April 6, 2001
HAGUE TRIBUNAL DEMANDS THE ARREST OF MILOSEVIC
In Belgrade Yugoslavia, prosecutors from the UN War Crimes Tribunal in the Hague have handed the government of Vojislav Kostunica an official arrest warrant for former president Slobodan Milosevic. The former leader is finishing up his first week behind bars in the Belgrade Central Prison after being arrested last weekend. Meanwhile his supporters are launching a campaign to free Milosevic and to block his extradition to the Hague Tribunal. Free Speech Radio News correspondent Jeremy Scahill files this report from Belgrade.
CALIFORNIA LEGISLATORS EYE TAX ON BIG ENERGY PROFITS
A week after state regulators imposed the biggest electric rate hike in California history, lawmakers in Sacramento are considering what they call a windfall profits tax on power companies, a measure they say will bring prices down. Without it, they say, the forty-six percent rate increase imposed last month will be just the beginning. Aaron Glantz reports from Sacramento.
NIGERIANS PROTEST IMF-BACKED OIL DEREGULATION
The U.S. Supreme Court has ruled that Shell Oil must face a lawsuit which alleges that the company instigated the torture and murder of environmental activists in Nigeria by the former Nigerian military government and failed to adequately compensate communities whose land was poisoned by its drilling operations. Shell argued unsuccessfully that the suit, brought by the family of executed environmental activist Ken Saro-Wiwa, was beyond the jurisdiction of U.S. courts. That ruling came as the Nigerian government bowed to pressure from the World Bank and the International Monetary Fund (or IMF) to deregulate the price of fuel in the country. That will mean higher prices for Nigerians, and the move has sparked angry street protests and rallies across the country by labor unions, students, and other mass organizations who fear it will increase hardship in the country. The protests may represent a turning point against IMF and World Bank inspired policies that have helped transform Nigeria, the world’s sixth largest oil producer, into a place where multinational interests thrive while Nigerians sink further into poverty. Sam Olukoya reports from Lagos.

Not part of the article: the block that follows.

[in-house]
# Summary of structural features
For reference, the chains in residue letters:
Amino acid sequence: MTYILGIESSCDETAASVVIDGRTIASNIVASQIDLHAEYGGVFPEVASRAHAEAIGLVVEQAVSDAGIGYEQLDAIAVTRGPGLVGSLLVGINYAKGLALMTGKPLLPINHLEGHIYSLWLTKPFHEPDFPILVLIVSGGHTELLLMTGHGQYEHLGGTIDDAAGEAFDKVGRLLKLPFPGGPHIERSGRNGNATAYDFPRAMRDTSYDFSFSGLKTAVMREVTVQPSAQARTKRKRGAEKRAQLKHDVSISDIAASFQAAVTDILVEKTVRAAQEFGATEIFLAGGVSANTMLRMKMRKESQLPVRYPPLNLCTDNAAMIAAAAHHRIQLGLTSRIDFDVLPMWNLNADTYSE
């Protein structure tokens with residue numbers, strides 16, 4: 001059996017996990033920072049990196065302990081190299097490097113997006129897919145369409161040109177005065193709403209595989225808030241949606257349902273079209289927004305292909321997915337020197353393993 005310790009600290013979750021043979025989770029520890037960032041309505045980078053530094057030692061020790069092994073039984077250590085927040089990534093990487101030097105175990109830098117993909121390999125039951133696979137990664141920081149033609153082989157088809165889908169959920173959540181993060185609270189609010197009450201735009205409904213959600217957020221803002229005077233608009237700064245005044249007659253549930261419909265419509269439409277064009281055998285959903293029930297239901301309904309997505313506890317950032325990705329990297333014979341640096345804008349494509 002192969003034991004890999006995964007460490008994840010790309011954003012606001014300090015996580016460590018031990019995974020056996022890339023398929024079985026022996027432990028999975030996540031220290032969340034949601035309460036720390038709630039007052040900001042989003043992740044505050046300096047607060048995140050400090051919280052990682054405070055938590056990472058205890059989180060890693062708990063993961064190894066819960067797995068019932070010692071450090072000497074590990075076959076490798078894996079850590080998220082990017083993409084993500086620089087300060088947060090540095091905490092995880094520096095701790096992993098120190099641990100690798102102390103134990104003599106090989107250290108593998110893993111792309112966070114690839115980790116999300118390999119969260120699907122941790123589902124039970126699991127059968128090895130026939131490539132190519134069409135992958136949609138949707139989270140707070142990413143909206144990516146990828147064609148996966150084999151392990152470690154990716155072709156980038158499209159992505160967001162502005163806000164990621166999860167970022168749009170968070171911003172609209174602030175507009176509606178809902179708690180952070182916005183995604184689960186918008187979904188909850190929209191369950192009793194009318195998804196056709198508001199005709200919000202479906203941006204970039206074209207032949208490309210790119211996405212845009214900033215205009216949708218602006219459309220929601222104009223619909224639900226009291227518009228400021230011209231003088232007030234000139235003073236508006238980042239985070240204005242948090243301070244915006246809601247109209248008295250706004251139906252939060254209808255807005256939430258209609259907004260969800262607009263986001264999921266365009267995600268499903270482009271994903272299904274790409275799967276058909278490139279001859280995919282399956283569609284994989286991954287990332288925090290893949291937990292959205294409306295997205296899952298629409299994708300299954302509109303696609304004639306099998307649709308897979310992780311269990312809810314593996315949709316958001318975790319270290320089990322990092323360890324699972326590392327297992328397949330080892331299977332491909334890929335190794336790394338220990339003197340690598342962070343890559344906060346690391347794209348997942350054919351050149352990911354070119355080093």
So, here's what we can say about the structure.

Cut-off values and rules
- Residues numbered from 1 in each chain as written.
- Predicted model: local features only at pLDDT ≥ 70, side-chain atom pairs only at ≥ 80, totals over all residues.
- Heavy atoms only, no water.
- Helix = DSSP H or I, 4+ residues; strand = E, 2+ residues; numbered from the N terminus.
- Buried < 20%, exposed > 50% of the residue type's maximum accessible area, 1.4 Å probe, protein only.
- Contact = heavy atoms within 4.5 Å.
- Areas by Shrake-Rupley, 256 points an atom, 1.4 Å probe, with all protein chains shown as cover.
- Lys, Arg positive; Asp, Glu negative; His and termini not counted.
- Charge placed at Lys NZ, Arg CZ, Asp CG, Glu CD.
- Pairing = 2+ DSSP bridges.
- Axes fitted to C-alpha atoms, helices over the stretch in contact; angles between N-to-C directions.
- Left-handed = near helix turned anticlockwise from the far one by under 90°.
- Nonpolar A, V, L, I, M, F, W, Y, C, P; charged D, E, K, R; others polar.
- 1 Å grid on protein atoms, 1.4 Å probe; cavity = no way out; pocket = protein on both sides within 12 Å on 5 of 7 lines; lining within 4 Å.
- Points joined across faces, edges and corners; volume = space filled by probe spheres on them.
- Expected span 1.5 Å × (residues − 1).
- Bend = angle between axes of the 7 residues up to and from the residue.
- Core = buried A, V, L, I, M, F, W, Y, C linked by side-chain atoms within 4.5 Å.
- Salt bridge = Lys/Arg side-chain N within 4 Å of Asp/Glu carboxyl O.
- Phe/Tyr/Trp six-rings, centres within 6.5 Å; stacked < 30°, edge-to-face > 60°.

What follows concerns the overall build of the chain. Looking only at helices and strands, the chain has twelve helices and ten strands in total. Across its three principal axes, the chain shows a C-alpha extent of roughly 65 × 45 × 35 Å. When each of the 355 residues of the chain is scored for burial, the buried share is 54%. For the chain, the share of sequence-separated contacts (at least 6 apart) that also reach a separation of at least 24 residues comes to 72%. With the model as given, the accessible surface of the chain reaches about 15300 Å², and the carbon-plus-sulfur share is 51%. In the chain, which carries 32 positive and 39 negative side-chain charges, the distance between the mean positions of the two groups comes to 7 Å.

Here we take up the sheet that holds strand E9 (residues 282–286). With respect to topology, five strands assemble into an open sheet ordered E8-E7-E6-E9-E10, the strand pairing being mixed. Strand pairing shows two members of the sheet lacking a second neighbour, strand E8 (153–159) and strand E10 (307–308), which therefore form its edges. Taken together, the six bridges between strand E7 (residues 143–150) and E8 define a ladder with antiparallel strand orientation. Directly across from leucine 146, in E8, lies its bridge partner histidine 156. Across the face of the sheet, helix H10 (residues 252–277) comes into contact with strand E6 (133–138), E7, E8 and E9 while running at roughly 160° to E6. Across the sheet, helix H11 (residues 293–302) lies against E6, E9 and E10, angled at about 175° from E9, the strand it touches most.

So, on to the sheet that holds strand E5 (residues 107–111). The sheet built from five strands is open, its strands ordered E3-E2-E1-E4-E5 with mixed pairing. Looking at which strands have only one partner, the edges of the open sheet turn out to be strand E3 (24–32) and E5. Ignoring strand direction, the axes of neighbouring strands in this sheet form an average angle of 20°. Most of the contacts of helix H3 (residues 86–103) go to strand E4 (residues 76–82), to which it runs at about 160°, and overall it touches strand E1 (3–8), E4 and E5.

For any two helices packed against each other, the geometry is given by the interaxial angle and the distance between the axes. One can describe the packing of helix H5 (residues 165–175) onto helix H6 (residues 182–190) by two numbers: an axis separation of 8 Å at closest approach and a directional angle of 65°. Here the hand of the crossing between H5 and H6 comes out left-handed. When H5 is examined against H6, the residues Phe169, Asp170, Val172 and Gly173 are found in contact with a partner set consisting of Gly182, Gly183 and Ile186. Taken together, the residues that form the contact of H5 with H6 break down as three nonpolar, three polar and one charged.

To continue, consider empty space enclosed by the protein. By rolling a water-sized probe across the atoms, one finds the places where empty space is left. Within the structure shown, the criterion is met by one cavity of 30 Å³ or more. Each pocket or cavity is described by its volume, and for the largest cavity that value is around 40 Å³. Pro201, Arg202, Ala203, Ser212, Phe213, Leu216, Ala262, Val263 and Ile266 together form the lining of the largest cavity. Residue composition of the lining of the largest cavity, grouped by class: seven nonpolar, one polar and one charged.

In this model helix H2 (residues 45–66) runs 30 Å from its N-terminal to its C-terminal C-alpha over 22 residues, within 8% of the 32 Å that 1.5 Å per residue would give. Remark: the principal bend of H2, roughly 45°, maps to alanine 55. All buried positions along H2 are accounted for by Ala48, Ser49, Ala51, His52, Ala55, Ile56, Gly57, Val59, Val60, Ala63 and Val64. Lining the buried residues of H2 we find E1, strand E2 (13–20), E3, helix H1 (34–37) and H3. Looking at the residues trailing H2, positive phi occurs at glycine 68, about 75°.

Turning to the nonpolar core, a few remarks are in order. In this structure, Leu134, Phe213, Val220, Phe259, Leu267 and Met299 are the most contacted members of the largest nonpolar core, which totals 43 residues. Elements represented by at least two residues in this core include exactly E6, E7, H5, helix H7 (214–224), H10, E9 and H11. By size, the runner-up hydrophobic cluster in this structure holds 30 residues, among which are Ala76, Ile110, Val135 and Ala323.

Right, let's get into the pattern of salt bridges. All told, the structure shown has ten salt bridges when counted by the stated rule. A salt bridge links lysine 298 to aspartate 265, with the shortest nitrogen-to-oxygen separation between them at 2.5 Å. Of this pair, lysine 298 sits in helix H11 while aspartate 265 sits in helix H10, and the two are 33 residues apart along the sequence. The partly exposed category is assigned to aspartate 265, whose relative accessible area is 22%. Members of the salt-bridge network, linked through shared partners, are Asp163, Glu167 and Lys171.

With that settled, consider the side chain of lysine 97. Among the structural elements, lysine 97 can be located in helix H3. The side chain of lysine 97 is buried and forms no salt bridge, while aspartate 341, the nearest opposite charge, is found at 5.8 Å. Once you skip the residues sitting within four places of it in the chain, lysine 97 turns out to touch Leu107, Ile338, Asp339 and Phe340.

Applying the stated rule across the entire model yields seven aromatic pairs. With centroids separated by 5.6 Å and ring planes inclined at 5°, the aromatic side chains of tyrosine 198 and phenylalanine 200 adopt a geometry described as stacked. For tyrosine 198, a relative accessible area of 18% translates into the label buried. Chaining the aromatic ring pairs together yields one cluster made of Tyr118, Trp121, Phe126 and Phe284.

GRACE CAN’T BE SAVED — ASBESTOS CLAIMS IN BALANCE
W.R. Grace and Company, a multinational chemical and insulation firm, filed for bankruptcy this week, leaving plaintiffs in one hundred thousand lawsuits up in the air. W.R. Grace operated the vermiculite mine in Libby, Montana until 1990, producing asbestos-laced insulation used in what may have been millions of homes. Miners, former and current residents of the town of Libby, and former workers at W.R. Grace are among the growing list of plaintiffs who are feeling the impact of the bankruptcy filing. Free Speech Radio News correspondent Leigh Robartes has been following the story and files this report.
BRITISH COURT: INTERNATIONAL LAW SAYS YES TO NUKES
A British High Court ruling handed down last Friday allowed a group of anti-nuclear protesters to go free. But it also called into question the protesters’ attempt to demonstrate that nuclear weapons are forbidden under international law. In 1999, three activists accused of property destruction on a nuclear submarine base in Scotland successfully argued that their actions were justified by international law. That case opened the door for others to challenge the legality of nuclear weapons. But as Patrick Beckett reports From London, the most recent decision effectively reverses ten years of anti-nuclear litigation.
LAWMAKERS VS. ANTI-GAY DISCRIMINATION
Legislation is underway at both the local and national levels to combat discrimination and hate crimes against gays, lesbians, and bisexuals. Jacqueline Desteiguer reports from Portland, Oregon, where the county government is working on civil rights guidelines for gays and lesbians.